3 Important Lessons for Founders

I recently had the opportunity to speak the founders of CoachUp, an online marketplace where athletes can connect with private coaches across a variety of sports. The site, which launched just three years ago, has started to see some significant growth in its user base and has attracted some big name professional coaches including Julian Edelman, a wide receiver on the New England Patriots and Steph Curry, the 2015 NBA MVP and NBA Champion. But before CoachUp got to where it is today, the founding team had to take an idea and prove it could be a viable company. Below are three lessons that any entrepreneur should know when pursuing his/her own endeavor.

  1. Be scrappy. In speaking with the guys from CoachUp, it was apparent that part of their success was due in part to their scrappiness. When the company was looking to grow its user base, they didn’t spend a ton of money on advertising but instead used many free resources available to them to reach their customers. They were able to identify watering holes where they could find the right people to fill their database; they went on LinkedIn, Facebook and other social sites and joined the relevant groups to get the word out and this free and scrappy method turned out to be extremely successful.
  1. Experiment to see what works and be nimble when you find out what does. For any innovation driven startup (meaning not a family-owned small business), the company is creating something that likely hasn’t existed before and as such, the only way to find out what really works is to experiment. For CoachUp, this lean method was utilized when trying to attract athletes to the site; initially they believed SEO and online methods would work as they had for attracting coaches, but after trying alternatives such as seeking partnerships with summer camps, the team quickly switched to a more effective method.  
  1. Know your customer and build your product for them. In the early days, CoachUp was able to attract an initial user base of coaches who were willing to sign up to the site without any pressure from the company. This genuine interest demonstrated that there was indeed an opportunity for a business, at least on the coaches’ side of the marketplace. As for the athletes, CoachUp did not offer any freemium type discounts because they wanted to see if the business model was viable from day one, and they found out it was. Once they had customers on both sides of the marketplace, they worked closely with them to build out the product and as such, were able to create a product that customers would like and use. To this day, they continue to request and receive feedback from customers and enhance the site to fulfill their requests.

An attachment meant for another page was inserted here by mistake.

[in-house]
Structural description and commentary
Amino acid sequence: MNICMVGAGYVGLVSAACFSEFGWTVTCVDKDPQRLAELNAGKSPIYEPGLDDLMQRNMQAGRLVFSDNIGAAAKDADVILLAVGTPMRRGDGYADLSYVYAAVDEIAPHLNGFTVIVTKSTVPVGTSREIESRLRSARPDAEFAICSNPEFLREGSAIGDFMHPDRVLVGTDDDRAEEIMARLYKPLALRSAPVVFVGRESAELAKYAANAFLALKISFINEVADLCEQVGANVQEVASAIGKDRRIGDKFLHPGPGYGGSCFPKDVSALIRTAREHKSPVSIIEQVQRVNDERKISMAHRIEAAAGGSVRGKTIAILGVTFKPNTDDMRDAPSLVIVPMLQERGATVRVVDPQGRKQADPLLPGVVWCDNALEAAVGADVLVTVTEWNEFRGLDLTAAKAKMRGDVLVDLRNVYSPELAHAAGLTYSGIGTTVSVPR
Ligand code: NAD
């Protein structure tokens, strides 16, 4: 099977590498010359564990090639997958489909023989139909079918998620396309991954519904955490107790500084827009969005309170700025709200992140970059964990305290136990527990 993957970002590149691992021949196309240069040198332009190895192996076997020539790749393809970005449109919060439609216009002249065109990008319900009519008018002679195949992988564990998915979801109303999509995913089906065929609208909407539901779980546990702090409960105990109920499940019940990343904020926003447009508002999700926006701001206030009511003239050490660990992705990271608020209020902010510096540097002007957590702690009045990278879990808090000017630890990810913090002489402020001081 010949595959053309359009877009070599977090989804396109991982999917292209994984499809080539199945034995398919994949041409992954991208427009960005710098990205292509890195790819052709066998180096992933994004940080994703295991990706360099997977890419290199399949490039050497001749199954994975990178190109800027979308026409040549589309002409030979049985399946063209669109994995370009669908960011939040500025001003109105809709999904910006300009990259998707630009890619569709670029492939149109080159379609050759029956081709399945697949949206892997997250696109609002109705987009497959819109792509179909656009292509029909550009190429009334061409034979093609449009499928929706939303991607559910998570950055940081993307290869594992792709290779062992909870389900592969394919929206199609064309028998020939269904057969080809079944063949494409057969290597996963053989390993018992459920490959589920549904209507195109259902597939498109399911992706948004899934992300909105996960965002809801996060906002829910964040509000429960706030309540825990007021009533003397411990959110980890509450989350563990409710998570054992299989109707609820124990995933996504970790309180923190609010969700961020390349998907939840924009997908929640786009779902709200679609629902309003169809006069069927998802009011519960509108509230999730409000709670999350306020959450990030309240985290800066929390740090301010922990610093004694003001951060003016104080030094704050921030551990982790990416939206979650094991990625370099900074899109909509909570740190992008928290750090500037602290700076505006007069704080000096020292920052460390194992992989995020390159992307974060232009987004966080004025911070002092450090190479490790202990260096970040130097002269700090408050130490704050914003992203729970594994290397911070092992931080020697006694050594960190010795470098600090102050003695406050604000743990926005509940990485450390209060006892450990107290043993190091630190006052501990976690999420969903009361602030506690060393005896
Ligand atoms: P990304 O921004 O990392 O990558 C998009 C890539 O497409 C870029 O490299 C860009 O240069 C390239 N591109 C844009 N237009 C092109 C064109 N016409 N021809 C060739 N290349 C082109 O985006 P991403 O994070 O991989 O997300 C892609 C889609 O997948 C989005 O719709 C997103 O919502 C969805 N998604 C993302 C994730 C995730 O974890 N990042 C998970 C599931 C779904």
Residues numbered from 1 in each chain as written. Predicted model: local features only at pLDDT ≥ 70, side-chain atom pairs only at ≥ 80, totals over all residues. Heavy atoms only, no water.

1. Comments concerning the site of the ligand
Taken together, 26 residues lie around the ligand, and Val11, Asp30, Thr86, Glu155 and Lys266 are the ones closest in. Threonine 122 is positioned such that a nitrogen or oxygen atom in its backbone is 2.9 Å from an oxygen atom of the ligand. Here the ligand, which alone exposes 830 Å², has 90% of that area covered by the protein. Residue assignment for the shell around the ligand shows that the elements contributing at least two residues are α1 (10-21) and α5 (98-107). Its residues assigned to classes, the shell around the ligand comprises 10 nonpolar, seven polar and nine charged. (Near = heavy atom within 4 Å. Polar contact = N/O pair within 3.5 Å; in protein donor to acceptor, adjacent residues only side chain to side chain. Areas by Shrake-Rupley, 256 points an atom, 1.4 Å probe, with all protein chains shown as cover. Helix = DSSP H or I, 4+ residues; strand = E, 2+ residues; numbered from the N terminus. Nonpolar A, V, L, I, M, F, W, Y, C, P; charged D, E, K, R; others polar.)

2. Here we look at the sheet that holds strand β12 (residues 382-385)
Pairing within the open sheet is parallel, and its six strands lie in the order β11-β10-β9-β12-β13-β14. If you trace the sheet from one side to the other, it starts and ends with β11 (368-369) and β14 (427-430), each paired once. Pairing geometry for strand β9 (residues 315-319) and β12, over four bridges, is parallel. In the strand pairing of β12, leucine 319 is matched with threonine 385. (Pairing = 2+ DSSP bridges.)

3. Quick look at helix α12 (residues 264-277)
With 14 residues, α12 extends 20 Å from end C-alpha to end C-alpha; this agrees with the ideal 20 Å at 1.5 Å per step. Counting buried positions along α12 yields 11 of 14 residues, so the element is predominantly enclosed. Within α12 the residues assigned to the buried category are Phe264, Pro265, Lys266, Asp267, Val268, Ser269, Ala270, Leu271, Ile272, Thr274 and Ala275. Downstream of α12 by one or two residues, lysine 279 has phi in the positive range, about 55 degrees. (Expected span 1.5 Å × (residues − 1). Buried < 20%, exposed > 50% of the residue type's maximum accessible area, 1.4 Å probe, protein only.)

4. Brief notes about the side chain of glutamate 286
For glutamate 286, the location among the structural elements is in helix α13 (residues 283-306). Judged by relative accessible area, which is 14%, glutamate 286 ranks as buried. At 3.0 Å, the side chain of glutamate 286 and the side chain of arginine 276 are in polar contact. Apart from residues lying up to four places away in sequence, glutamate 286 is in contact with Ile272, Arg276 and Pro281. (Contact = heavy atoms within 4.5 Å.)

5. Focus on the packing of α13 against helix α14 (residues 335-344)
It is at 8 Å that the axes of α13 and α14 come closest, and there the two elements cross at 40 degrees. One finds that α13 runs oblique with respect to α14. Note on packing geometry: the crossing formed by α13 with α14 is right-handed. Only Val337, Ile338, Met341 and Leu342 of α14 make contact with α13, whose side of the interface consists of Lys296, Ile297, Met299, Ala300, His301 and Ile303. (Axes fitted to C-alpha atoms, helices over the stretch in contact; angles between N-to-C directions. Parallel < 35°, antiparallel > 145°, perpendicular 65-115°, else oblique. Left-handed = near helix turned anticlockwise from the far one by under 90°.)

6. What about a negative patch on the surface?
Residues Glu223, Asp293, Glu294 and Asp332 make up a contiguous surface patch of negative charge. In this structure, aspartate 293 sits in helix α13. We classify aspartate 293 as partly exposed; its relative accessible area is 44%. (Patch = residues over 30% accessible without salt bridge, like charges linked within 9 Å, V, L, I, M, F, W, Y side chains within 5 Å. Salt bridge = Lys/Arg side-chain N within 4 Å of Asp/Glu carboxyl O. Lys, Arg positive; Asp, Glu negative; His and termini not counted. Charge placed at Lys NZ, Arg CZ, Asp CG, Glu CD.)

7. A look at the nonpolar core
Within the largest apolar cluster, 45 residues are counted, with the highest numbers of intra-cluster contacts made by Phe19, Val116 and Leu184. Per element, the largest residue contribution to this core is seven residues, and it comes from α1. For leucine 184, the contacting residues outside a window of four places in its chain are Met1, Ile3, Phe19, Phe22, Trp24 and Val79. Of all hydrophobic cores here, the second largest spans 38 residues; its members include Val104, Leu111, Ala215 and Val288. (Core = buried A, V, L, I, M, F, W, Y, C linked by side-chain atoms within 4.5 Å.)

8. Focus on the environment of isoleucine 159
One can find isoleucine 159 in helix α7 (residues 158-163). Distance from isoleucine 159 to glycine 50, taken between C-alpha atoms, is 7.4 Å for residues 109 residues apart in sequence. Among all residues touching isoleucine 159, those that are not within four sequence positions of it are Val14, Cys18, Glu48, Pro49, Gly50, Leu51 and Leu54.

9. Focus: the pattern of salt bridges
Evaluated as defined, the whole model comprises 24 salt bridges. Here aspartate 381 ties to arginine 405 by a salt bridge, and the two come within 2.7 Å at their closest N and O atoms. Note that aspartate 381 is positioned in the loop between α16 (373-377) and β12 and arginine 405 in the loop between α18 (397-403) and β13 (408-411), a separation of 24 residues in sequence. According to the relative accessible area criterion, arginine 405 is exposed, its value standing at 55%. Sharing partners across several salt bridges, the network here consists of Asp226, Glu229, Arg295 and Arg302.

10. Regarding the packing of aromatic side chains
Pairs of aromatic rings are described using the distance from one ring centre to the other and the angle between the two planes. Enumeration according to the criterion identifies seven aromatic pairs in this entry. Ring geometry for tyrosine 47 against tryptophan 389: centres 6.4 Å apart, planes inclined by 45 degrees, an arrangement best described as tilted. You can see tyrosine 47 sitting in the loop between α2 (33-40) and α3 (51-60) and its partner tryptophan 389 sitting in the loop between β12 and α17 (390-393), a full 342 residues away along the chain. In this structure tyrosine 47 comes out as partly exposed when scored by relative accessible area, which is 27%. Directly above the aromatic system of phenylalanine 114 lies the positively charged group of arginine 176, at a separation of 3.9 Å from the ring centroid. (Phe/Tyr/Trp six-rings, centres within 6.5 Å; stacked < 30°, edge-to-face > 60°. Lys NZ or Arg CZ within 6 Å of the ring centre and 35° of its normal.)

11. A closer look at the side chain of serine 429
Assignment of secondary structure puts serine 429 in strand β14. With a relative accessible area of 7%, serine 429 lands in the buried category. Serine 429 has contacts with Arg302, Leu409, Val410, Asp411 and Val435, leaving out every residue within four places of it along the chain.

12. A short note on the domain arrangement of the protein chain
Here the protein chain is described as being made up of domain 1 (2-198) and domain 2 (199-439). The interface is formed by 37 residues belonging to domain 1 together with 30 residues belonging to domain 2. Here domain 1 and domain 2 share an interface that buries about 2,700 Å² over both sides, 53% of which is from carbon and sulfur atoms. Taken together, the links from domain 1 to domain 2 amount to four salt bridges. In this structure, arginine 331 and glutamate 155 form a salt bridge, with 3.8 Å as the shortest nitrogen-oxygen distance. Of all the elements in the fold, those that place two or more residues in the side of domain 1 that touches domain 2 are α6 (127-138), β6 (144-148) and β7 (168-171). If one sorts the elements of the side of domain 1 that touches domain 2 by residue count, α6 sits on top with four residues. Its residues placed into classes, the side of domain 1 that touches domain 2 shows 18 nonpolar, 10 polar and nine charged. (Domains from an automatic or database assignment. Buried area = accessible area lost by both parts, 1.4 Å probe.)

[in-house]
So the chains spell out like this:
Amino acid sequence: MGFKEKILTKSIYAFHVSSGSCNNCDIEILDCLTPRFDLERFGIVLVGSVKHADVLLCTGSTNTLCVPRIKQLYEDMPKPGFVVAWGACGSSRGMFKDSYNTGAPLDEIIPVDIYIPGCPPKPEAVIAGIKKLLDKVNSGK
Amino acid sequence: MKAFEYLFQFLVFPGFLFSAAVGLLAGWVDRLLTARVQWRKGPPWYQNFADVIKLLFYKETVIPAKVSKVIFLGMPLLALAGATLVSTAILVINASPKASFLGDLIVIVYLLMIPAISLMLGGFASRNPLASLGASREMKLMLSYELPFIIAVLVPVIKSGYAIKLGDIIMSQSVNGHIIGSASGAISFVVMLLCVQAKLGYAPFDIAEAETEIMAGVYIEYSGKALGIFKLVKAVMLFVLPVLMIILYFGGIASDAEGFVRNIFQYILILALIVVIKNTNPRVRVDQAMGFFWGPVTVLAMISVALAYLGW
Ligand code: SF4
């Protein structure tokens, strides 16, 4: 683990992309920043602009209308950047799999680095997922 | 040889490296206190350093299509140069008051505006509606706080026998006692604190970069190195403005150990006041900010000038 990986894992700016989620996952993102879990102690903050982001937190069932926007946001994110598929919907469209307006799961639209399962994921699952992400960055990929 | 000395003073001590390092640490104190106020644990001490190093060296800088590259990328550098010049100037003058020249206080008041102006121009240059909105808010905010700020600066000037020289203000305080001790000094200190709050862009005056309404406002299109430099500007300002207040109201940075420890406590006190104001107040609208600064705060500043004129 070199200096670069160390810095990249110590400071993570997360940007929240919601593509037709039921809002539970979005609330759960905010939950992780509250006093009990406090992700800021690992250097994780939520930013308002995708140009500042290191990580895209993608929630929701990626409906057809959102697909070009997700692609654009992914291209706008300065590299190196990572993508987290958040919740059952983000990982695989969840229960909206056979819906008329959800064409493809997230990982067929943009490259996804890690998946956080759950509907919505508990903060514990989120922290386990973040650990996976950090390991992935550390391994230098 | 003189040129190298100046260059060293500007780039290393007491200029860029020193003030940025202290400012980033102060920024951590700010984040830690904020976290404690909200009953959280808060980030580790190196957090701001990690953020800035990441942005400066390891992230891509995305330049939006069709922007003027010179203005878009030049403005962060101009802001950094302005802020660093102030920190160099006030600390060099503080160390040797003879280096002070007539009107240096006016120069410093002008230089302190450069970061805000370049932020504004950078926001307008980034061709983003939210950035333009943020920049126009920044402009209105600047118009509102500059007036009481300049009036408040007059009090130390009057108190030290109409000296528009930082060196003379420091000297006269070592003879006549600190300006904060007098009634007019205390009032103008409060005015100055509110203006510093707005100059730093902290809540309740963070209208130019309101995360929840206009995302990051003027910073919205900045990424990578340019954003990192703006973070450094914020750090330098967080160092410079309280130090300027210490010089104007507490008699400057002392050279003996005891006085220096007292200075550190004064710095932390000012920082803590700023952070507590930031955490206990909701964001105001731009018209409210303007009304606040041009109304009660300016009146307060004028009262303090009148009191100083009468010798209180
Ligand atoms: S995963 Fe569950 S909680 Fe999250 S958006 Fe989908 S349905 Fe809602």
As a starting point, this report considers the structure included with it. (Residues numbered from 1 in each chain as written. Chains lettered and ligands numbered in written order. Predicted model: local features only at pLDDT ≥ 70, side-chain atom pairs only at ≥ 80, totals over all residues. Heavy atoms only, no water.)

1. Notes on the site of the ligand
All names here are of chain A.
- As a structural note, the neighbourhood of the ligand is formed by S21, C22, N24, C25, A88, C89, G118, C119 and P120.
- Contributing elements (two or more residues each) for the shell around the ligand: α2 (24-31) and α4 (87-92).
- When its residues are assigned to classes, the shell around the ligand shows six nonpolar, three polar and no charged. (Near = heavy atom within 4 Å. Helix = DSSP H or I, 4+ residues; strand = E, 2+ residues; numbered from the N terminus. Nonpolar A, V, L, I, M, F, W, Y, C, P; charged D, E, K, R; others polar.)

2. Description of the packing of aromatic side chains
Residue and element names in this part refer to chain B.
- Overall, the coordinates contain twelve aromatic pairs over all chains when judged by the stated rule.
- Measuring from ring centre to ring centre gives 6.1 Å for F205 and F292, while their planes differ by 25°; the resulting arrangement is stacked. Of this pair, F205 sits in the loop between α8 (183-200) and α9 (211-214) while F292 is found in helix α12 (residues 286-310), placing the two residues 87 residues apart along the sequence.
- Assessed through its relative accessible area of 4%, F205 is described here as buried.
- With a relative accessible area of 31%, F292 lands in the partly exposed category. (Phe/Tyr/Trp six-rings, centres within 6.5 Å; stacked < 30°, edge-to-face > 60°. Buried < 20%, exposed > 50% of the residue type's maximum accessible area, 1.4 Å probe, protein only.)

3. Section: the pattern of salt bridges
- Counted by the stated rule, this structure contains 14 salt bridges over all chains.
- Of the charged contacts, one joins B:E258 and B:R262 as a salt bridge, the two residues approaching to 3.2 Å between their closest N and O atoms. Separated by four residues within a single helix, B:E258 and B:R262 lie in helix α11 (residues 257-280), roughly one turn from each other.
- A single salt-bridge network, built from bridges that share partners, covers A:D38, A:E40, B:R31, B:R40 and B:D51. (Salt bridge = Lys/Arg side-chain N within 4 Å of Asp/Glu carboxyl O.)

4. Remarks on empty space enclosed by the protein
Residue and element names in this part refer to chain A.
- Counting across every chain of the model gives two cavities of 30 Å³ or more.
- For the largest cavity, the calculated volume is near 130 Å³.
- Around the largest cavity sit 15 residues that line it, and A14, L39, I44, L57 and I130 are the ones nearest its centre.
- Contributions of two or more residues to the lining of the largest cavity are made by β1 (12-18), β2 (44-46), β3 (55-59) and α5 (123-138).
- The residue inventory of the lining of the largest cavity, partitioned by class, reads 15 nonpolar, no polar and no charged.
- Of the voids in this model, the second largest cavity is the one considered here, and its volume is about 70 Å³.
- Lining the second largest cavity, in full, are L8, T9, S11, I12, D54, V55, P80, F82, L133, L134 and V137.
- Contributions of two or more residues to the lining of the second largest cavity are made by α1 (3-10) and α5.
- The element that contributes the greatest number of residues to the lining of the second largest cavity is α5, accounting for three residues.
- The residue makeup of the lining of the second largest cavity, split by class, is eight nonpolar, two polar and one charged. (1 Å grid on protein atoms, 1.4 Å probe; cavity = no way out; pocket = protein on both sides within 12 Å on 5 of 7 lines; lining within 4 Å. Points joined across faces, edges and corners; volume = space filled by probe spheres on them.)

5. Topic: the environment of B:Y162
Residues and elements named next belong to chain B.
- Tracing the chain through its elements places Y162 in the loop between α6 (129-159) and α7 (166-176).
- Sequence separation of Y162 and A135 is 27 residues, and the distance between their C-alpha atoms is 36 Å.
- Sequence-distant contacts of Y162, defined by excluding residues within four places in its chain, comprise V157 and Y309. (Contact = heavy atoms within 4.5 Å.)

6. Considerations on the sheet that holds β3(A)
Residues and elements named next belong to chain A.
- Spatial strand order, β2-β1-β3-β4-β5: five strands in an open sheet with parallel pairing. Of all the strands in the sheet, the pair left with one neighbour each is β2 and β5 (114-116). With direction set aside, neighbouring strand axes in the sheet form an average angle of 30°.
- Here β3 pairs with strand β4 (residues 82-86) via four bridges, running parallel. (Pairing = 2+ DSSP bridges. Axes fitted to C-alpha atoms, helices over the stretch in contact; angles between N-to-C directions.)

Four Industries that will Benefit from Virtual Reality 

Virtual Reality: Year 0    

The origins of Virtual reality trace back to the 1950s, but VR technology has experienced significant advancements, drawing the attention the leaders in technology including Facebook, Microsoft, Samsung, HTC and even Apple has started to test the waters. Historically, when you said ‘Virtual Reality’ many people thought of science fiction, but so much has changed since Facebook’s $2 billion dollar acquisition of Oculus Rift – perhaps the most well-known VR headset, which at the time of the acquisition didn’t seem like much more than a successful Kickstarter campaign for a pair of glasses and a plastic box held together with masking tape. According to Neville Spiteri, CEO of WEVR, the number of head mounted displays (HMD) could triple by the end of the year as hardware companies release consumer versions such as Oculus Rift, Samsung GearVR and others.

Currently, much of the focus of VR is on entertainment and gaming; Facebook struck a deal with Lionsgate and 21st Century Fox to offer movies in what will be there attempt at a VR iTunes, the Oculus Store. Neftlix, Hulu, Twitch and others are all planning to offer streaming video services. Similarly, and perhaps the most advanced developments have been in the gaming world. Driven in part by the Unity Game Engine, companies like Kongregrate have been able to develop lifelike video games. While most of the current applications are consumer-focused, there is a significant market opportunity to address the commercial markets. Below are four industries beyond entertainment that will benefit substantially from the use of virtual reality in the years to come.

1. Real Estate